Harvesting the cork is considered as a very specialised profession. There is no mechanical way to strip the cork bark that has been invented. So, the teams of highly skilled workers have done the job. First, they cut down the bark vertically by using small sharp axes and then lever it away in pieces as big as they can handle. The cork-strippers who are skilful prise away a semi-circular husk which spans around the length of the trunk from the ground level to the first branches. It will be laid on the ground for drying for about four months, before it gets into the factories, where it will be boiled to destroy any insects which might be in the cork. Traditional bottle stoppers will be made from over 60% of cork and remainder will be used into construction trade, cork board and cork tiles are ideal for thermal and acoustic insulation and the cork’s granules are utilised for concrete manufacturing.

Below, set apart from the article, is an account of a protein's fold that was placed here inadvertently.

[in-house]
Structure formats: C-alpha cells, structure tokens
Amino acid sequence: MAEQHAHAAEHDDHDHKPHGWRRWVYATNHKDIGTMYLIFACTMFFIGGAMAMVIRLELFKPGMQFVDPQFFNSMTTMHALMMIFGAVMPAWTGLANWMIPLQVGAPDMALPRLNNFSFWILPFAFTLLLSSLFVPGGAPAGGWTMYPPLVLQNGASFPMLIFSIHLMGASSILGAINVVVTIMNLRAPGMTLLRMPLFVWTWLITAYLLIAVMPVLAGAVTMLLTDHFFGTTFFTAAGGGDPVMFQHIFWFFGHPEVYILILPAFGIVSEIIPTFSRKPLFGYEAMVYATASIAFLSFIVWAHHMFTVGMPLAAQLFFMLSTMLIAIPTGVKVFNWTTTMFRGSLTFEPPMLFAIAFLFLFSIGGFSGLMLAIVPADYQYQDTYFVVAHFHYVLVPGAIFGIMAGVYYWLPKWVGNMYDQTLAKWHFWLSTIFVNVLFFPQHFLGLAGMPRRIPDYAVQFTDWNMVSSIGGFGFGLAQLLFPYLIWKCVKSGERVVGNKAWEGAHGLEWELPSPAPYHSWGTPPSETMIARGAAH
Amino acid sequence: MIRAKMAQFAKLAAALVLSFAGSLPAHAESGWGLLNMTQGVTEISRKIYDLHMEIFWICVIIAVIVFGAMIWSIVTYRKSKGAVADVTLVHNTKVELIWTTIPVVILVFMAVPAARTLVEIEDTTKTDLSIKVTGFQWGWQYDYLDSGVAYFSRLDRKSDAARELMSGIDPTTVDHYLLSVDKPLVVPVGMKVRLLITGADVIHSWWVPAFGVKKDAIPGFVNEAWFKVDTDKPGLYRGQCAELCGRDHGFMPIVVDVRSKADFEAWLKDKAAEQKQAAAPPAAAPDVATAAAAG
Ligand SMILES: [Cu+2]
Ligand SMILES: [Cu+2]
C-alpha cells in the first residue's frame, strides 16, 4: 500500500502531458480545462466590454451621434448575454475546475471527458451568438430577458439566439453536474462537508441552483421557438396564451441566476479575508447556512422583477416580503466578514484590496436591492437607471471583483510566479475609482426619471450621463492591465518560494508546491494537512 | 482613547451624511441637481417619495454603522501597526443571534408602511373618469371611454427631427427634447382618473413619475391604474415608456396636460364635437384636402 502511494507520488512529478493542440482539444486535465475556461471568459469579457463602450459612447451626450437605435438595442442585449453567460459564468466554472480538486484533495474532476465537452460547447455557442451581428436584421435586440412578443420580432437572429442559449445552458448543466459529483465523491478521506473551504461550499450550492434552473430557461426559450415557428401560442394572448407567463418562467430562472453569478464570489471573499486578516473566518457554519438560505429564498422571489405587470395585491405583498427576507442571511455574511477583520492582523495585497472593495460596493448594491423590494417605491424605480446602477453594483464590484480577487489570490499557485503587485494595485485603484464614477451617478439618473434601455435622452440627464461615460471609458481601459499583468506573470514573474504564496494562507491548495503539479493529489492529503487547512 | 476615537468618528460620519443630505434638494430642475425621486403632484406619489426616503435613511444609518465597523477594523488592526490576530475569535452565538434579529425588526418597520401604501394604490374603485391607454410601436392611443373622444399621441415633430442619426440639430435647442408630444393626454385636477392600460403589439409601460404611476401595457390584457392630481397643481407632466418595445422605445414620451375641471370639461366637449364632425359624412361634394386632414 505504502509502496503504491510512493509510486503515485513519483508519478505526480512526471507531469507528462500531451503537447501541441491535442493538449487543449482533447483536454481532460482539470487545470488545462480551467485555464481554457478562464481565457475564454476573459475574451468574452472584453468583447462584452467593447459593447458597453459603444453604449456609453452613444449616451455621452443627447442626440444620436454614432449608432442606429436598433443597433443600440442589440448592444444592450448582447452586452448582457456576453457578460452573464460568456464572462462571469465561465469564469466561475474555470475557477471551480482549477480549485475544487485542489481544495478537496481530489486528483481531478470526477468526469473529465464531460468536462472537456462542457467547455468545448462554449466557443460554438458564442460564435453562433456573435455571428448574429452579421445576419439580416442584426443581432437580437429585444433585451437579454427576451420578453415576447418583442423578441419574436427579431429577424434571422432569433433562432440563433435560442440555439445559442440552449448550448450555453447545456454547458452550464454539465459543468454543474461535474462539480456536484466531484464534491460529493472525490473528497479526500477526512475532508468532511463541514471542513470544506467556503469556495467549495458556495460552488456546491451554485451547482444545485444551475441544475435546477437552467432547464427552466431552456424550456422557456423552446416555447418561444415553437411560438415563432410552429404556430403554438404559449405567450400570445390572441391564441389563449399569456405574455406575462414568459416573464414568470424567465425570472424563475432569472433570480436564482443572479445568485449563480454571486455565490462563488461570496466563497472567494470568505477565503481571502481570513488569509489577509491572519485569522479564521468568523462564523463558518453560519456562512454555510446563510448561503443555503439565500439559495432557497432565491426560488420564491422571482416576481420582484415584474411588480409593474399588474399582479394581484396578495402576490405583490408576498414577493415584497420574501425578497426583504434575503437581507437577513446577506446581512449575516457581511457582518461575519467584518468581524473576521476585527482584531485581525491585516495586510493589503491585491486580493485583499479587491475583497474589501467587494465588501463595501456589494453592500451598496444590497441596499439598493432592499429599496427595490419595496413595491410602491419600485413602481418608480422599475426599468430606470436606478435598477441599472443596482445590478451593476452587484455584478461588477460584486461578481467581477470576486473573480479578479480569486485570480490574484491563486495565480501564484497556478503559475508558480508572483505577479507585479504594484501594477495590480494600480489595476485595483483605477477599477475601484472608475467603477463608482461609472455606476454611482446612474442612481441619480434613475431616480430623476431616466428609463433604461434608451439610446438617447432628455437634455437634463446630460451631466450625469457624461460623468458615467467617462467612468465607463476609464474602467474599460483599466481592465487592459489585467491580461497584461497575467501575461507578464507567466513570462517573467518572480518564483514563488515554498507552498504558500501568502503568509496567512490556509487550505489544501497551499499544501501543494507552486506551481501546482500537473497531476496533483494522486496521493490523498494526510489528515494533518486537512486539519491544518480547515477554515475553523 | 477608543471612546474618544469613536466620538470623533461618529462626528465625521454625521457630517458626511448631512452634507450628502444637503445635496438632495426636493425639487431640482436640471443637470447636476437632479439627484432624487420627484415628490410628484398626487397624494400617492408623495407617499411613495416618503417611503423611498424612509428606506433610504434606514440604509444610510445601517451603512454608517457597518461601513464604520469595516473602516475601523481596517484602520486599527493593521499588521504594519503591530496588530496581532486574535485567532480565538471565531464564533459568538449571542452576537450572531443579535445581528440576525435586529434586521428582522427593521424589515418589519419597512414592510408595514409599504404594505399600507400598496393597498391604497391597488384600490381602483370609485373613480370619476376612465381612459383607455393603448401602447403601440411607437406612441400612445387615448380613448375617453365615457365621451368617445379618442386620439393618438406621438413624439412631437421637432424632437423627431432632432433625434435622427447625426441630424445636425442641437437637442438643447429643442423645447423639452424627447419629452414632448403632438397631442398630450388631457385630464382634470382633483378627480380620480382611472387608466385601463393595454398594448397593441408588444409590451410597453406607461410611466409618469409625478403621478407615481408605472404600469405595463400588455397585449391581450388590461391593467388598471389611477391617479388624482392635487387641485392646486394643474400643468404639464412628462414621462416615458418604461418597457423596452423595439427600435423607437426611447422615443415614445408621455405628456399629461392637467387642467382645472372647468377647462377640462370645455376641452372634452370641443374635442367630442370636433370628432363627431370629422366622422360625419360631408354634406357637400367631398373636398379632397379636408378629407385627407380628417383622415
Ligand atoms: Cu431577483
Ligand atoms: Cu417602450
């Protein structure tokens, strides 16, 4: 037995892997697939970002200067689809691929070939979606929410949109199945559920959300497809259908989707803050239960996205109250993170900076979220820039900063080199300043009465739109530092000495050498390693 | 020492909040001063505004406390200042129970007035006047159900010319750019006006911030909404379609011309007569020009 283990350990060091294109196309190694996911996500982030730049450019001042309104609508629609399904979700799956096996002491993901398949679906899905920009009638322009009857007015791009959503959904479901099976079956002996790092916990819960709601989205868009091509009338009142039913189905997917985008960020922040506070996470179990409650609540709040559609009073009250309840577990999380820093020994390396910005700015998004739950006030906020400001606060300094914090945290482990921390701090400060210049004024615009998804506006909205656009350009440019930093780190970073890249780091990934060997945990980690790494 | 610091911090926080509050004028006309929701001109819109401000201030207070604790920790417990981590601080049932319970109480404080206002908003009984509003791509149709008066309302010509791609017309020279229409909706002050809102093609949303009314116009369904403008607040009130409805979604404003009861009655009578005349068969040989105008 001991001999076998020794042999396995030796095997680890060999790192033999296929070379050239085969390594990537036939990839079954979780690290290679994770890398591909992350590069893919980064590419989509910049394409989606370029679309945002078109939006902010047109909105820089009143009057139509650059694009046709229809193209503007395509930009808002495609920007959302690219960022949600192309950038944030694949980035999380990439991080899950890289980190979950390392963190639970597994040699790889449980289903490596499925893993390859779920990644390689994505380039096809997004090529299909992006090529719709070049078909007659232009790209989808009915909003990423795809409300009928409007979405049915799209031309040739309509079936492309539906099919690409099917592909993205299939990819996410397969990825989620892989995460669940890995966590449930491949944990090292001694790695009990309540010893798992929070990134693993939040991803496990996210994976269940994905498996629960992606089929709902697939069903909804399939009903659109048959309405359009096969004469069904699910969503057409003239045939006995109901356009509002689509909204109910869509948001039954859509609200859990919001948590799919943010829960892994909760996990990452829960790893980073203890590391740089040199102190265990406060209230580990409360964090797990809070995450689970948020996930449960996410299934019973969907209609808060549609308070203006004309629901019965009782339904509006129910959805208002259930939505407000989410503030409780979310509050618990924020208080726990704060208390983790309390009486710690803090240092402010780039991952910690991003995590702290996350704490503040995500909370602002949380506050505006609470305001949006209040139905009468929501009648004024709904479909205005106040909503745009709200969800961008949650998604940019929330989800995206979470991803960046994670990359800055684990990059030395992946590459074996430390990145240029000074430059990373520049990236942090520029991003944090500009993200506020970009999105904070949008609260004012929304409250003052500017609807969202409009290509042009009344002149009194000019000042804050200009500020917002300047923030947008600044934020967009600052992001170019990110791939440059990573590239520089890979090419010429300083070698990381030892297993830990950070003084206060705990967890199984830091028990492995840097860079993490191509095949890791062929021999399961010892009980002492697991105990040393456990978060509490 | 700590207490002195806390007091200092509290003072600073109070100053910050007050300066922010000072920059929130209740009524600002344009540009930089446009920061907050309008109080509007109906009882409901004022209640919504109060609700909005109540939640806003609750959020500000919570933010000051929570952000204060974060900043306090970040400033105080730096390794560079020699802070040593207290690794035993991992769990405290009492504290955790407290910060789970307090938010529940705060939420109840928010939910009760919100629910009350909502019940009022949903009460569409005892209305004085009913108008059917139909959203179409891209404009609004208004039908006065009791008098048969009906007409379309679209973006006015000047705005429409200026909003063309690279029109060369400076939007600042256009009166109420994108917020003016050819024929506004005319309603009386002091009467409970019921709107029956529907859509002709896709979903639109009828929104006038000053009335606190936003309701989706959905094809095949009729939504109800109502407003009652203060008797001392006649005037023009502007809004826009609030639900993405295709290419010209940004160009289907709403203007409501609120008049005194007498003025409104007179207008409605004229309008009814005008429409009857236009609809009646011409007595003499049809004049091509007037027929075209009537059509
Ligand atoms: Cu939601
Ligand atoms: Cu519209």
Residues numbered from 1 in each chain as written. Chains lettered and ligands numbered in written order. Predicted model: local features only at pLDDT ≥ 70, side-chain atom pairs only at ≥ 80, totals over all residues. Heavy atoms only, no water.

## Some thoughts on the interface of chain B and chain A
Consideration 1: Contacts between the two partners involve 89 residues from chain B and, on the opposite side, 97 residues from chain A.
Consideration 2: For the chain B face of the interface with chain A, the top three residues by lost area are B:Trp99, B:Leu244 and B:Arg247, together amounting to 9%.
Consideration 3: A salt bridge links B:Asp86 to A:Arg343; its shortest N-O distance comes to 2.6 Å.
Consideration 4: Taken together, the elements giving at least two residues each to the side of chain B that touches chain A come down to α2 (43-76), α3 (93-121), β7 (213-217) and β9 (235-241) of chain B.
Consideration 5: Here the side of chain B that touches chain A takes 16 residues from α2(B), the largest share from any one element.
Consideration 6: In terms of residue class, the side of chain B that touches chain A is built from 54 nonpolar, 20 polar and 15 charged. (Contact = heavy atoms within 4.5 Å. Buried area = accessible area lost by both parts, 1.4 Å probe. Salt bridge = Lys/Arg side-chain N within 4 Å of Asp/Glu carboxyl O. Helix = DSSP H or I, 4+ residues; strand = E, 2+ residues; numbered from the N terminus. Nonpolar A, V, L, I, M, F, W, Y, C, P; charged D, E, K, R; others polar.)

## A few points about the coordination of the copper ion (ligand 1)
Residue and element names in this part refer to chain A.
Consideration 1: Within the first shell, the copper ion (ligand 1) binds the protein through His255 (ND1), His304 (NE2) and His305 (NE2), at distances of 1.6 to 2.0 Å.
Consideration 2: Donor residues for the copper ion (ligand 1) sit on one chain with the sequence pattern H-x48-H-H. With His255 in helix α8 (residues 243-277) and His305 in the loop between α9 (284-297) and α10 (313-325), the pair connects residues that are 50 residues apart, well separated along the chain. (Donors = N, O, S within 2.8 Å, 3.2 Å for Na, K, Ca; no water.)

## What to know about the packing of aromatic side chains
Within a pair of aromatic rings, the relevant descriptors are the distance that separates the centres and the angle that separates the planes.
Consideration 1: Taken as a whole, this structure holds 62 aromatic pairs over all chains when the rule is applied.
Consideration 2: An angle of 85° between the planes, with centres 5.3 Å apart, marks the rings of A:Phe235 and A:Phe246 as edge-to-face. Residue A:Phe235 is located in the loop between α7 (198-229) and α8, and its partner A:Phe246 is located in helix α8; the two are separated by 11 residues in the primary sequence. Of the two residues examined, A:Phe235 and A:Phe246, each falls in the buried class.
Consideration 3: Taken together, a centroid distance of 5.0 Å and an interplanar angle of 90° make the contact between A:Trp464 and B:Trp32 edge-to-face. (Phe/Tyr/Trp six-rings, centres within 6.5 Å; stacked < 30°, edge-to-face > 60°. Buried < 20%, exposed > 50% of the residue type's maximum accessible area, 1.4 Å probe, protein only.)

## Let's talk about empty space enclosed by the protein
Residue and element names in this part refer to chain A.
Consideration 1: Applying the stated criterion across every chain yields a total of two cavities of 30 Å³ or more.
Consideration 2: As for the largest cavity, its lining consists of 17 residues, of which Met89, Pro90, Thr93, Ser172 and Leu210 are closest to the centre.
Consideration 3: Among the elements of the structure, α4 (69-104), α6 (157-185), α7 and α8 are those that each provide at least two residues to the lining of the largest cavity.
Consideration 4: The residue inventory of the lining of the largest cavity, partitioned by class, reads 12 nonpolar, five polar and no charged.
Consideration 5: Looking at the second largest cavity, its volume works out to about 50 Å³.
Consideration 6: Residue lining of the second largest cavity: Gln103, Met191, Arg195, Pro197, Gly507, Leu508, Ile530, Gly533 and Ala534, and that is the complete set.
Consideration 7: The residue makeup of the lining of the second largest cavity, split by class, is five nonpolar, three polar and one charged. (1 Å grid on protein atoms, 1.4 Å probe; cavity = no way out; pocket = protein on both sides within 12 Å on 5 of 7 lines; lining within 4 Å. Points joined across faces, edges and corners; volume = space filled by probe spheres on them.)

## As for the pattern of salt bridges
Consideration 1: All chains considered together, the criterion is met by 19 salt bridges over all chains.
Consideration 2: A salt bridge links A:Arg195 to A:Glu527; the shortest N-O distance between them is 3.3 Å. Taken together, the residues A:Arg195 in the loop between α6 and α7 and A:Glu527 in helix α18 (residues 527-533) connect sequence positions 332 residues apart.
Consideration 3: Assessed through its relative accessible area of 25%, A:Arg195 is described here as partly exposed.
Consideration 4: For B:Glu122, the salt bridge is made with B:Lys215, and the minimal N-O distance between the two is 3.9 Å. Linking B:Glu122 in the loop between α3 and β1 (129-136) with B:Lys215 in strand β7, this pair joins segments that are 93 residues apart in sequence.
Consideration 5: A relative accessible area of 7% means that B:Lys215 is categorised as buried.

As the cork contains the chemical compound called 2,4,6 trichloroanisole (TCA), which forms when the plant phenols, chlorine and mould interacts, its usage begins to decline for materials for bottle stoppers. It might spoil the contents of the bottle. Even the tiniest concentrations will badly influence the taste of the product contained in the product. Though the result is gradual, changes happen in a steady flow.  It moves towards plastic stoppers and to aluminium screw caps. These substitutions can be manufactured with cheap cost, and users use the screw caps conveniently.
This ancient material’s future looks promising as we are seeing the current concerns about environmental issues. It has the following advantages. Its traditional image comes under the category of high quality goods. Cork can be recycled easily as this is a sustainable product. And, more importantly, cork forests support the local biodiversity and prevent desertification in the place where they have been planted.

 Reading Questions

Questions 1 – 5

Do the following statements agree with the information given in the reading passage?